“I have no comment”.
“I do not consent to any
“I want to speak with my lawyer”.
“In accordance with the Vienna Convention, I demand to speak to a (Swiss, French, etc.) consular officer”.
“I will now remain
Useful to note that even if you are American and detained in the US, you may still be able to contact a consulate if you have some other nationality as well. However, many law enforcement agencies do not know about, or do not care about the VCCR.
This State Department Manual is intended to educate law enforcement agencies about proper conduct in light of the Vienna Convention on Consular Relations:
Although page 15 of the PDF (Page 5) suggests that Dual Nationals do not have consular access, see also page 24 of the PDF (Page 14):
“consular notiﬁcation is not required if the detainee has U.S. citizenship, regardless of whether he or she has another country’s citizenship or nationality as well. This is true even if the detainee’s other country of citizenship is a mandatory notiﬁcation (“list”) country. As a matter of discretion, however, the Department of State suggests that, when possible, you permit a visit from the consular ofﬁcers of the detainee’s other country of nationality, as long as the detainee requests a visit and wishes to be visited by those consular ofﬁcers. “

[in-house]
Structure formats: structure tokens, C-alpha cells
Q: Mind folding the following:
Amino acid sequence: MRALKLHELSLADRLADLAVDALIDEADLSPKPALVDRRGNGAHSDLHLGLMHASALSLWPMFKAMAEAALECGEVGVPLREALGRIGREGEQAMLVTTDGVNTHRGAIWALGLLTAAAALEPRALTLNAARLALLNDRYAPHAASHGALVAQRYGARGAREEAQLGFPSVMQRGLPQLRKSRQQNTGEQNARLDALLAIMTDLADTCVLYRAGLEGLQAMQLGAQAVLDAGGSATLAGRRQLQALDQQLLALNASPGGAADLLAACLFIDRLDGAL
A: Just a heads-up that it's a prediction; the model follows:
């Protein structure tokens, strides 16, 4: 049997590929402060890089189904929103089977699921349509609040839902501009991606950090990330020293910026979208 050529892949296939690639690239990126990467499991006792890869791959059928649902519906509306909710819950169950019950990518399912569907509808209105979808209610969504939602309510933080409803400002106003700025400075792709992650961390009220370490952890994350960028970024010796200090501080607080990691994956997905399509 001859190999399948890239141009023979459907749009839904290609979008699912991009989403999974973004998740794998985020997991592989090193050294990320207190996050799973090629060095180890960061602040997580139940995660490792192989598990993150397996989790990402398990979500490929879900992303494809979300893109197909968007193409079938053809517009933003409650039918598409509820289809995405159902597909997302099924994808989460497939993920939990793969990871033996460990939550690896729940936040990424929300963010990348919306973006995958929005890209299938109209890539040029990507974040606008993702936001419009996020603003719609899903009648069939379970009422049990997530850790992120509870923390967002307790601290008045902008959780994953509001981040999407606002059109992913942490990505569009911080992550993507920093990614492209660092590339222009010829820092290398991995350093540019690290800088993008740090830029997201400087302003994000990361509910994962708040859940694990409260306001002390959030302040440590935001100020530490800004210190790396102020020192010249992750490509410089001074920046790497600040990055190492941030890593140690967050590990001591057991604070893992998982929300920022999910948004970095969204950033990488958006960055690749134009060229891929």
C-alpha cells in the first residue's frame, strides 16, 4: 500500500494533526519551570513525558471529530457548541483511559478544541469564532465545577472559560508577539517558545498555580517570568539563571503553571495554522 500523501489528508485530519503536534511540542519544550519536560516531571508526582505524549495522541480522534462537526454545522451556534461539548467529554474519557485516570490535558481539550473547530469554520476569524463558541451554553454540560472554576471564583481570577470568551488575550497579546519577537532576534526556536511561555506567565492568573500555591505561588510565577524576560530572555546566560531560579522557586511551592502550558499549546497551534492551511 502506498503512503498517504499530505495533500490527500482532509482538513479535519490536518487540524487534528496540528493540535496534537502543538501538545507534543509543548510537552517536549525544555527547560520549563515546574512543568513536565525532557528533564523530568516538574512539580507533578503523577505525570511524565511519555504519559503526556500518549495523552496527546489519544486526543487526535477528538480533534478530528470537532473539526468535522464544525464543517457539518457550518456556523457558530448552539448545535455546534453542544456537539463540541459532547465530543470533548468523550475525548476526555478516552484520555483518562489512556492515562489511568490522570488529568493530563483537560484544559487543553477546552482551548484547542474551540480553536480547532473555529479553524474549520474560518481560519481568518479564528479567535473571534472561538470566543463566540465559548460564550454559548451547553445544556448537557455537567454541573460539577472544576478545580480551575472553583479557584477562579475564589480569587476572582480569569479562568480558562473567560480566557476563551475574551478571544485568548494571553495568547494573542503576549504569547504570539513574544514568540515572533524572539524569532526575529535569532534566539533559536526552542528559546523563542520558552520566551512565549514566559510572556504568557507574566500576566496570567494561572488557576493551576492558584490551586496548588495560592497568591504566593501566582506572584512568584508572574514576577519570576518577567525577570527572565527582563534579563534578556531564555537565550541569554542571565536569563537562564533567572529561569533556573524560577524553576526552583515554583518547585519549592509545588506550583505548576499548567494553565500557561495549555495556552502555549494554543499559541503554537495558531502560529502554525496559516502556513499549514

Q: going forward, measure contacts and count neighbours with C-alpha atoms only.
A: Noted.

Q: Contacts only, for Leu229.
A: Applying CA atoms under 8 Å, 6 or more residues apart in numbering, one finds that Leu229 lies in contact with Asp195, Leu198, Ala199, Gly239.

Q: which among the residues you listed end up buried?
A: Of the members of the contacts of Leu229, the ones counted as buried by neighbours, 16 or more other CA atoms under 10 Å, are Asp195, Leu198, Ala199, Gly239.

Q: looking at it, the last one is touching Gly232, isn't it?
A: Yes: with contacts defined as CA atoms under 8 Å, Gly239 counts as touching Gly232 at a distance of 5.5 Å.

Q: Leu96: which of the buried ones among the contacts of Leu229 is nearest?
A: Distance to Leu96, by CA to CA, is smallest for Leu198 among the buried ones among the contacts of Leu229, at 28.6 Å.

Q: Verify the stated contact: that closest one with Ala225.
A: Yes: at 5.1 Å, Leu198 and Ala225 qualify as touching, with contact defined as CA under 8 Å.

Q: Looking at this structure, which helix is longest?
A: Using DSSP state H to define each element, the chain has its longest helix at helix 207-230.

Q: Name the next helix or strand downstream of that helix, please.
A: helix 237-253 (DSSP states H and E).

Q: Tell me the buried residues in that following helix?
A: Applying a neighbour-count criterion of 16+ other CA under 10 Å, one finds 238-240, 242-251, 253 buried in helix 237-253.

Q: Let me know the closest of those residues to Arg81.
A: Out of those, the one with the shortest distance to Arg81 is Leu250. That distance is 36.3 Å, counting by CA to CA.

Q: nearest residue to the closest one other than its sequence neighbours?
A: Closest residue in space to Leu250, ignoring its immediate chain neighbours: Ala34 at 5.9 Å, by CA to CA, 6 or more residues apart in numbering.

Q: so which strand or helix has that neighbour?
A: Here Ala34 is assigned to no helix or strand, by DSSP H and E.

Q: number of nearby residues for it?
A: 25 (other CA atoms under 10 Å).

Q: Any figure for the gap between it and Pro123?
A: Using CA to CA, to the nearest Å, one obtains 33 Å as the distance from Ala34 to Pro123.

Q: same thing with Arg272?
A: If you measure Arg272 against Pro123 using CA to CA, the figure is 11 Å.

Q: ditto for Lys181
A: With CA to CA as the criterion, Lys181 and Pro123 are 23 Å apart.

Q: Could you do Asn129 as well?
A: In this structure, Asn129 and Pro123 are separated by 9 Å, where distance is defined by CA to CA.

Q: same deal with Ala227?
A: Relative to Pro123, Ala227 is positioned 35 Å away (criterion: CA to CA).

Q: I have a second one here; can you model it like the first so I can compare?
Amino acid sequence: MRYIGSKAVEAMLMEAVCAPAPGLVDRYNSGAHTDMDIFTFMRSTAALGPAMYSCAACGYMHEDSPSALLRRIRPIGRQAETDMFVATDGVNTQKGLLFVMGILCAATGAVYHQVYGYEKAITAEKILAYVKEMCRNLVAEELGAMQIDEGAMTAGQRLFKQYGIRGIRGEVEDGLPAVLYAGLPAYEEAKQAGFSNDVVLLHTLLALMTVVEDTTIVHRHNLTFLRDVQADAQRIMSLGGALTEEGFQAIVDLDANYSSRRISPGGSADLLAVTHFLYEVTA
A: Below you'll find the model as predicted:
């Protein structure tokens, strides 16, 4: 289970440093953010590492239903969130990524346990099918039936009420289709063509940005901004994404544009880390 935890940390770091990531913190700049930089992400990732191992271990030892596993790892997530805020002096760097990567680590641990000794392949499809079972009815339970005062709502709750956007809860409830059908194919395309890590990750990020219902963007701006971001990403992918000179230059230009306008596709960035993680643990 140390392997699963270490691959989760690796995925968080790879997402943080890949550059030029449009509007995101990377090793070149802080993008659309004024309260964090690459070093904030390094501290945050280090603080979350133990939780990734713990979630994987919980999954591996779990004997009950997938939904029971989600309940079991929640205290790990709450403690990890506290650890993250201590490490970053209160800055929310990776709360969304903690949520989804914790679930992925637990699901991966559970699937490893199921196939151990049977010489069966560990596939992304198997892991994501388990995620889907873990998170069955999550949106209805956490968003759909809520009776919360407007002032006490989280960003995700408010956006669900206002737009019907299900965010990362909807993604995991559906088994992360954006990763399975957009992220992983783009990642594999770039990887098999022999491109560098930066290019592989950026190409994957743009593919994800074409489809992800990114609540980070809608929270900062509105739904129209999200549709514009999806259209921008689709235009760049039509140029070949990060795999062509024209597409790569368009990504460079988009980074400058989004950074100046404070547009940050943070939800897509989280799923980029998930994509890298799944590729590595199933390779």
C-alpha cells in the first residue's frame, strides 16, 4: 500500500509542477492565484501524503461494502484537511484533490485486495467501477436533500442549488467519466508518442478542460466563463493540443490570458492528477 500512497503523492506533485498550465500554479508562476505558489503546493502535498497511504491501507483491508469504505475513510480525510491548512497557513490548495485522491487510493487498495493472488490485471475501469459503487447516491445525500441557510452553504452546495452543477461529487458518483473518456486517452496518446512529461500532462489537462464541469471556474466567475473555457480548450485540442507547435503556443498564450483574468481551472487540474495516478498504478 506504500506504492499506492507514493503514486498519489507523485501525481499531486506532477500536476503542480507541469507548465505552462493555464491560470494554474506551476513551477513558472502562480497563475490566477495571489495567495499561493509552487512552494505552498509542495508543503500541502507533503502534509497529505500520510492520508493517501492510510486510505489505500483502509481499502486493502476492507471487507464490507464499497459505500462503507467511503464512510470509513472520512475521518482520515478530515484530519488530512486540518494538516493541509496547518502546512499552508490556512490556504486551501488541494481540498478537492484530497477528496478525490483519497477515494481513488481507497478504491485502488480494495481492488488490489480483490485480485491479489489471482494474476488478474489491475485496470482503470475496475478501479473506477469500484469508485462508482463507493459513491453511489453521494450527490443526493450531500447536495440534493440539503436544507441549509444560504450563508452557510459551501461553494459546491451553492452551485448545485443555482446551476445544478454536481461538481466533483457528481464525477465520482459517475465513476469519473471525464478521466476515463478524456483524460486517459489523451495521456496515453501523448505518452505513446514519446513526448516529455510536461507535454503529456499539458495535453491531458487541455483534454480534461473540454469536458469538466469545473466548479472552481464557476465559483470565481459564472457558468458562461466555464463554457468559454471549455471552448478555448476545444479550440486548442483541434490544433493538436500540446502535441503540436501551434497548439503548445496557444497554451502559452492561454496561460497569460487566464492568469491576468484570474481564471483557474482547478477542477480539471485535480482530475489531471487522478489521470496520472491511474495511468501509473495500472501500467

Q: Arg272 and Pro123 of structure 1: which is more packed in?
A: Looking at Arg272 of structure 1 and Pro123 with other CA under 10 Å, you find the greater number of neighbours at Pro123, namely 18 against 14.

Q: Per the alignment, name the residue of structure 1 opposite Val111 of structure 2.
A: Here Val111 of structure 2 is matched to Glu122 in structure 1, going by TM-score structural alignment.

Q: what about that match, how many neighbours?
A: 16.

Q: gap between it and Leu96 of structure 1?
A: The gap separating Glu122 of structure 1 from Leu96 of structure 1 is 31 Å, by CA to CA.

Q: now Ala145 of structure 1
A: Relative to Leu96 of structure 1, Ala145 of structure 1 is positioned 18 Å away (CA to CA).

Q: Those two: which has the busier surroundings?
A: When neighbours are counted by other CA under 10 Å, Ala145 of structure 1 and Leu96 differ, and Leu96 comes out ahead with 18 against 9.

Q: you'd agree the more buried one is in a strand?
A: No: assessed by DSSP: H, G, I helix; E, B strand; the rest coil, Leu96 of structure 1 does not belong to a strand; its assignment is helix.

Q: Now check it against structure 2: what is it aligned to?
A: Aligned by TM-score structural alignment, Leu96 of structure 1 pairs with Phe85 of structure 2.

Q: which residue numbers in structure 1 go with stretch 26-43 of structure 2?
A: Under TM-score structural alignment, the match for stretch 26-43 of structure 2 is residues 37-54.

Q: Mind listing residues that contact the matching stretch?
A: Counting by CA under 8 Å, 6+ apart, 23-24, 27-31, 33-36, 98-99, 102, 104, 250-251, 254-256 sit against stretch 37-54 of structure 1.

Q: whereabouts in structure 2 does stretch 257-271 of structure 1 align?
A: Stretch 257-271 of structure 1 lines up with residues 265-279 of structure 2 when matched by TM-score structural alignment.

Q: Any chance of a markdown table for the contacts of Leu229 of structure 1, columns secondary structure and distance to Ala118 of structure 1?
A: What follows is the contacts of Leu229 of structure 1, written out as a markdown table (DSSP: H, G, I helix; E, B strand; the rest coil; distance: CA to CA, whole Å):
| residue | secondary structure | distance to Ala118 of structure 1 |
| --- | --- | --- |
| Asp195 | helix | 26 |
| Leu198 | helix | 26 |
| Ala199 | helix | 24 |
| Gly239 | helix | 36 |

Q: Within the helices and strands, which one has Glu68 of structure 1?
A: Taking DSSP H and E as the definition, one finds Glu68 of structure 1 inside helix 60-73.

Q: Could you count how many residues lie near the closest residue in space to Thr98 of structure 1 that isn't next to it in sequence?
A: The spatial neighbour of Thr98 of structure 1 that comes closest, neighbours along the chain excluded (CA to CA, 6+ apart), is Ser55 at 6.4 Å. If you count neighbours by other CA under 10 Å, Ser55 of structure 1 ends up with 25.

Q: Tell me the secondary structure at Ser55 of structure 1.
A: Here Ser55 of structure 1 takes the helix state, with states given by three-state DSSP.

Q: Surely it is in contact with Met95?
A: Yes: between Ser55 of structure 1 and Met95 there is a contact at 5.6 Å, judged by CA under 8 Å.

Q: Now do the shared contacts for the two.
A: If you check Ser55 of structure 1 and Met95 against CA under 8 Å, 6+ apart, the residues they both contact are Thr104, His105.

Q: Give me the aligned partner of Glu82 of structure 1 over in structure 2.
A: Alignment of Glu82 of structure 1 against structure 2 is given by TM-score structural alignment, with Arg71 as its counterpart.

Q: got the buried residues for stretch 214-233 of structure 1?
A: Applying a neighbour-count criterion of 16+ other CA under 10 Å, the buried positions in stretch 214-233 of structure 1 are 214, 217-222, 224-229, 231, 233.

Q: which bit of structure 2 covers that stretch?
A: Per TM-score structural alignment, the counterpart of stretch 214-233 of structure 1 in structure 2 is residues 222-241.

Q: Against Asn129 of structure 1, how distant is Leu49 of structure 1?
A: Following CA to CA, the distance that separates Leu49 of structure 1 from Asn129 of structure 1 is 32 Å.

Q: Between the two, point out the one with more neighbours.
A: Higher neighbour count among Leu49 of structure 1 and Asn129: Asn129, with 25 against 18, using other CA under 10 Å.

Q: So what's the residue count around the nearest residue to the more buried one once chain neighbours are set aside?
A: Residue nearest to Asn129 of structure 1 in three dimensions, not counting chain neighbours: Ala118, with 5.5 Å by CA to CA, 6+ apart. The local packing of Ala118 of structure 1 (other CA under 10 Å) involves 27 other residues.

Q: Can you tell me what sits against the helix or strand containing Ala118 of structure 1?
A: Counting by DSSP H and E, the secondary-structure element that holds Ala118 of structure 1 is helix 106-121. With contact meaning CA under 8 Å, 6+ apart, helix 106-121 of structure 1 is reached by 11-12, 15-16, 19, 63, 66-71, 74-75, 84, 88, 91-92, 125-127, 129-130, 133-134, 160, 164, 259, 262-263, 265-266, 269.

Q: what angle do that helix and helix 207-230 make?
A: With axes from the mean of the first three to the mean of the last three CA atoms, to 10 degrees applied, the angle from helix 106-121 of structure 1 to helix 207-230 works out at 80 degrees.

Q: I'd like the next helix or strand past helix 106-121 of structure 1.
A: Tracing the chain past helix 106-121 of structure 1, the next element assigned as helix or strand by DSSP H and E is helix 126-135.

The Vienna Convention is also an issue for ACA, as US Citizens abroad might receive poor treatment abroad if the US doesn’t respect it. See page 4-5 of this newsletter: http://www.google.com/url?sa=t&rct=j&q=vienna%20convention%20on%20consular%20relations&source=web&cd=1&ved=0CCoQFjAA&url=http%3A%2F%2Famericansabroad.org%2Fdownload_file%2Fview%2F25%2F133%2F&ei=9W0jUIPyBo_ItAaExIC4CA&usg=AFQjCNFVLNiyrK8S1lq6F4U9GWd-fcM6Hg&cad=rja